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How to Make a Thesis Statement for Research Paper: Handy Tips
Some professors agree that thesis statements are the most important parts of research papers. Every supervisor looks for a strong thesis statement, and students should therefore learn how to make solid ones. It is helpful to look through examples of good thesis statements and learn how other students formulate their theses. Some handy suggestions below will help you write thesis statements without a hitch.
There are four simple steps to take in order to compose a good thesis statement:
- 1. Understand what kind of paper you are working on, and make sure you know how to state your main idea:
- - An explanatory essay explains something to the readers.
- - A definition essay describes a term or concept.
- - An argumentative paper justifies a claim that you make with proper evidence.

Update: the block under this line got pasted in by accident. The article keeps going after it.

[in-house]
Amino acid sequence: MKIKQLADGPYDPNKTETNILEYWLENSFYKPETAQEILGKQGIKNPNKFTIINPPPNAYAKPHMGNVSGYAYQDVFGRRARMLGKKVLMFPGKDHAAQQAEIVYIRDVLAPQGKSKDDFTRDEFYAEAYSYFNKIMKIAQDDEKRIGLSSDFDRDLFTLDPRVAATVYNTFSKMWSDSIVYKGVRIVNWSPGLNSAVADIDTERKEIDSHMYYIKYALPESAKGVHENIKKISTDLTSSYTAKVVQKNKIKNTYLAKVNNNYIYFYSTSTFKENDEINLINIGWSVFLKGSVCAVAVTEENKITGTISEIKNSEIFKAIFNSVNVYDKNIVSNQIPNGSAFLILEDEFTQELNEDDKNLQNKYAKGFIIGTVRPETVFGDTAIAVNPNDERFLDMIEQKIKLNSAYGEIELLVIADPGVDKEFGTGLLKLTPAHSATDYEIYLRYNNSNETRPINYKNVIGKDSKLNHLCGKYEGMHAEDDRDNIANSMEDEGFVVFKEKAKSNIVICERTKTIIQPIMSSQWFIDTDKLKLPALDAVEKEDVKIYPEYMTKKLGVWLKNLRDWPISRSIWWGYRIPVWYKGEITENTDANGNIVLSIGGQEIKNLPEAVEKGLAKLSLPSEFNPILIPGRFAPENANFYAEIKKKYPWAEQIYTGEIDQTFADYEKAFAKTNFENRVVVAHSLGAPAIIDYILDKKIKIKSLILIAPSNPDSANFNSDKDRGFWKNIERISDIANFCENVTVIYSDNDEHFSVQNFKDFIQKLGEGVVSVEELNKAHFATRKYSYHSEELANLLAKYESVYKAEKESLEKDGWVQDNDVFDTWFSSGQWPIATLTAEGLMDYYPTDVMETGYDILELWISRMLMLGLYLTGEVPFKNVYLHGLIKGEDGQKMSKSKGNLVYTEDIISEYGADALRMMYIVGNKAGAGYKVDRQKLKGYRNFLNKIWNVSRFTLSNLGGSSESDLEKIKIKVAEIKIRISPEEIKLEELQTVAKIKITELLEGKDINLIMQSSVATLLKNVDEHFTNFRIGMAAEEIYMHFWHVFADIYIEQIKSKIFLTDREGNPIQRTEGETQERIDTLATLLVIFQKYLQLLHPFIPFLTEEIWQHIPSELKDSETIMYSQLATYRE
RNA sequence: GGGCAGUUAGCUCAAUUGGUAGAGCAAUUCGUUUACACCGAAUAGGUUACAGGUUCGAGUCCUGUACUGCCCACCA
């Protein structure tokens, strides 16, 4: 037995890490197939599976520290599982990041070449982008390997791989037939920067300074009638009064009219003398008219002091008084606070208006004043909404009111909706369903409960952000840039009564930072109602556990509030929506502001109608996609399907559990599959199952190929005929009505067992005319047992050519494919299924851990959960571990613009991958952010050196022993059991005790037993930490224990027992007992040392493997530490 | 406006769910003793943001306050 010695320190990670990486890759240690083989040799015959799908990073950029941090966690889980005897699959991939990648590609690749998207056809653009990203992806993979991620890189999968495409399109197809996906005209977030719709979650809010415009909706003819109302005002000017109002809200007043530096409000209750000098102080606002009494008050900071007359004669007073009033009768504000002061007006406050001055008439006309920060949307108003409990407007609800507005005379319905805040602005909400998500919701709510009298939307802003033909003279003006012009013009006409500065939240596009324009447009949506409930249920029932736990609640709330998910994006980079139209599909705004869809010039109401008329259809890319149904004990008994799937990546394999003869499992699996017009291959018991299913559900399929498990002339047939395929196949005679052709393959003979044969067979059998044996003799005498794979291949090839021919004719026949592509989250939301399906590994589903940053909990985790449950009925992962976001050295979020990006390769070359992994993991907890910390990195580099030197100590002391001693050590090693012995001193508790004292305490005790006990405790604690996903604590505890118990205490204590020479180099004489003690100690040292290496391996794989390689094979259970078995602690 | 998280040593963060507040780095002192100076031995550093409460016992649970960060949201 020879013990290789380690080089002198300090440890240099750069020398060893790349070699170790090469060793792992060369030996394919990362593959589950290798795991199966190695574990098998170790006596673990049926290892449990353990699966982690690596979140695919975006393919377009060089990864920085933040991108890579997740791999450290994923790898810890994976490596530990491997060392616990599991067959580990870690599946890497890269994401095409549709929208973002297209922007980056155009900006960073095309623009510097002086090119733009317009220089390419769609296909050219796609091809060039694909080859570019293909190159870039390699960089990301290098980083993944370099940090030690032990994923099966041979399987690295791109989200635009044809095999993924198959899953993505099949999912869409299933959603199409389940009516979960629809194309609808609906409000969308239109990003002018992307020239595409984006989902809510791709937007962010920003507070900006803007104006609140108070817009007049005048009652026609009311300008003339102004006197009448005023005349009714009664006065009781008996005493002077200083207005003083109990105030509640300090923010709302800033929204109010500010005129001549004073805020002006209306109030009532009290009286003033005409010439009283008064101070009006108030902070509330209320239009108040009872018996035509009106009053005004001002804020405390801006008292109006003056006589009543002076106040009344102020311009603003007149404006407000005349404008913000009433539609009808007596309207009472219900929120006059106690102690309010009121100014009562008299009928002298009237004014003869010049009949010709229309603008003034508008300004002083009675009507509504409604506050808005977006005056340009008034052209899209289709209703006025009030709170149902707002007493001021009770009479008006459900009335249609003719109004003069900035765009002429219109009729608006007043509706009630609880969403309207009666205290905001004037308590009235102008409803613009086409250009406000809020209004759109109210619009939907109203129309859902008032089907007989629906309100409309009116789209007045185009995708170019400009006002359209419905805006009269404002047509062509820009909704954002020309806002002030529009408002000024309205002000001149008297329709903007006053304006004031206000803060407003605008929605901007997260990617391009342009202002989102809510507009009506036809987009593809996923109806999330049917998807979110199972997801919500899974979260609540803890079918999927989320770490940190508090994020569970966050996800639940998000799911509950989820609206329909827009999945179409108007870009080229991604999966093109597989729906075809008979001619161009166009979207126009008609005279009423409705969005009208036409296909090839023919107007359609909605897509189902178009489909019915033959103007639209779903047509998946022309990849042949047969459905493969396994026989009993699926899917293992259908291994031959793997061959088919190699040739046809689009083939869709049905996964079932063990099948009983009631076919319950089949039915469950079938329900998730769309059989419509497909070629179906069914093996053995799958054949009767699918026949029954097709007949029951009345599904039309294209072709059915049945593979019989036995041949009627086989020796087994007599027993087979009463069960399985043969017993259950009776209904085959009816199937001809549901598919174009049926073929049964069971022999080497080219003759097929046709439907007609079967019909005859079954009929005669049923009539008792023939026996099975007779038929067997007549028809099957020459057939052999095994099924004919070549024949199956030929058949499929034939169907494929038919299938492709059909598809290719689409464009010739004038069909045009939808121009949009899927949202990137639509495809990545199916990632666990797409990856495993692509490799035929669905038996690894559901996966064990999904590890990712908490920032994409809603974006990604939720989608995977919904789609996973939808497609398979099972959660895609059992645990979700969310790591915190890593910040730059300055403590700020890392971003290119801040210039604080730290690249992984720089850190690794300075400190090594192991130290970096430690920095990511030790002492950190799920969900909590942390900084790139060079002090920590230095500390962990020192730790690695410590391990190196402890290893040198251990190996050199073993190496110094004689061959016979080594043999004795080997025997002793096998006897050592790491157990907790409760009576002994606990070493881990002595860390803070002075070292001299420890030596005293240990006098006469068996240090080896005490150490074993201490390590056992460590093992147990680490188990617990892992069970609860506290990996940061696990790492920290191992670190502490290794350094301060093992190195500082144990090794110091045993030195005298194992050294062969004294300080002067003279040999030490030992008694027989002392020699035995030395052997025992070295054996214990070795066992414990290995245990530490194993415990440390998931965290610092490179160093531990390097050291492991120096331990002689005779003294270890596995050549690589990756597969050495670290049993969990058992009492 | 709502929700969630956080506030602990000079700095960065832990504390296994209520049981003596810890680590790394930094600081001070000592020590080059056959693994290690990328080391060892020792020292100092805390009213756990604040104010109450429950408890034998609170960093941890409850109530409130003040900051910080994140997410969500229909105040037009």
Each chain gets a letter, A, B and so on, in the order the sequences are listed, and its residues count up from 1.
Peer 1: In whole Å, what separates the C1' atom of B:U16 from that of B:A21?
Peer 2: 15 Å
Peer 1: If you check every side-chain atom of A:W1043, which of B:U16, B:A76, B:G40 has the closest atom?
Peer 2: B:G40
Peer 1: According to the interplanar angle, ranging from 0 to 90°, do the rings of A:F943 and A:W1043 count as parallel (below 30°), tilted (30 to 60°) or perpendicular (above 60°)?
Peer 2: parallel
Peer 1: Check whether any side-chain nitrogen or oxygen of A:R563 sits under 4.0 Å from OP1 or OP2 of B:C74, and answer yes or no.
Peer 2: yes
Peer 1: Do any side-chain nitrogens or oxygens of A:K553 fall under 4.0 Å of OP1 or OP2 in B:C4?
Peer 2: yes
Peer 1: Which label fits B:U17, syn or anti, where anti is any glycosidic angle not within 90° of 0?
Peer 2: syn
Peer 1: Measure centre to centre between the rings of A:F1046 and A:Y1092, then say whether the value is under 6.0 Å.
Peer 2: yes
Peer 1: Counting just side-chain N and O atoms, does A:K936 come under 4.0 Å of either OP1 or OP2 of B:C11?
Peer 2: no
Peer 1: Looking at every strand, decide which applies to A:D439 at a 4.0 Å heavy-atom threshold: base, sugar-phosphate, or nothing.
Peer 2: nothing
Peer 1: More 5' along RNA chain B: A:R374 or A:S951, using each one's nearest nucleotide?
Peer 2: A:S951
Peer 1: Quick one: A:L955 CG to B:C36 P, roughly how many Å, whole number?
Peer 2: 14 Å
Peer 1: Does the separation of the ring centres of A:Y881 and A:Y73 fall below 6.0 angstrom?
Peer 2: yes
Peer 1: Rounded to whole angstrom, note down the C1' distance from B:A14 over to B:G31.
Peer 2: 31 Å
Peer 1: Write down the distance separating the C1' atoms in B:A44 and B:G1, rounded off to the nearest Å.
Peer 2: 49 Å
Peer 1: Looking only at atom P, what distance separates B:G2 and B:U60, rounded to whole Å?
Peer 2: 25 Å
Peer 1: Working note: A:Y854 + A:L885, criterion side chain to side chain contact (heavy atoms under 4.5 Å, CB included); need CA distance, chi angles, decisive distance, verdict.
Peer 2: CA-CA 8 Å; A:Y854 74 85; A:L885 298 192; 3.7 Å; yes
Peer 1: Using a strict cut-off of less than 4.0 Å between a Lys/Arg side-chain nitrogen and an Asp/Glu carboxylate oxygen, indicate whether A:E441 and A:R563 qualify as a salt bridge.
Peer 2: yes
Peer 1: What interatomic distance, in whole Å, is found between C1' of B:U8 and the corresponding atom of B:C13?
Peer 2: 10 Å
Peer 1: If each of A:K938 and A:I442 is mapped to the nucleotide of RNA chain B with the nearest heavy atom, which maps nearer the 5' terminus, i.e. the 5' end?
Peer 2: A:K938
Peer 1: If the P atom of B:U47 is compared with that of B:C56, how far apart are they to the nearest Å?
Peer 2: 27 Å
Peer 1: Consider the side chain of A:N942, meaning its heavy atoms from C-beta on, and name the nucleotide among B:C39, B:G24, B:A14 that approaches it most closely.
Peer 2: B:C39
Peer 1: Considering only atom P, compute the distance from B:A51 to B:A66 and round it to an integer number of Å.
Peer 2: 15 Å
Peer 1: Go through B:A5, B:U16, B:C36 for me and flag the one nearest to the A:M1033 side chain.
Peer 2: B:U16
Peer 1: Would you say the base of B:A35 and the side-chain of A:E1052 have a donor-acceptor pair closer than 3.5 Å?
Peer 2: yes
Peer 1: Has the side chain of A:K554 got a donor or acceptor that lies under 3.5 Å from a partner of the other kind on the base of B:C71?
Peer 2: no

- - A contrast and compare essay defines similarities and differences in two research subjects.
Each thesis statement should establish a claim that is proven with examples, logical reasoning, and research. It is an important guideline for your research paper.
- - It should be simple:
- - A thesis statement answers a research question:
- - It helps narrow down your topic:
- - You should stay flexible:
- - You should verify your thesis statement:
It is better to write your thesis in a single sentence.
An effective thesis is an answer to your research question. It explains what you are trying to prove.
Your thesis statement should focus on a limited aspect of your research subject.
Your research may offer different and more interesting possibilities, so it does not make sense to stick to your current thesis statement. Many students change their thesis statements during their research or after they finish their writing.
You need a supervisor’s approval for your thesis statement before starting your work.
You can check whether your thesis is strong by answering these simple questions:
- 1. Did you answer a research question?
- 2. Does your position provide a summary or make an argument?
- 3. Is your thesis specific enough?
- 4. Could your thesis pass the “so what” test?
- 5. Do your thesis and main chapters go together?
- 6. Is your thesis too open-ended?
- 7. Does it provide enough guidance for the readers?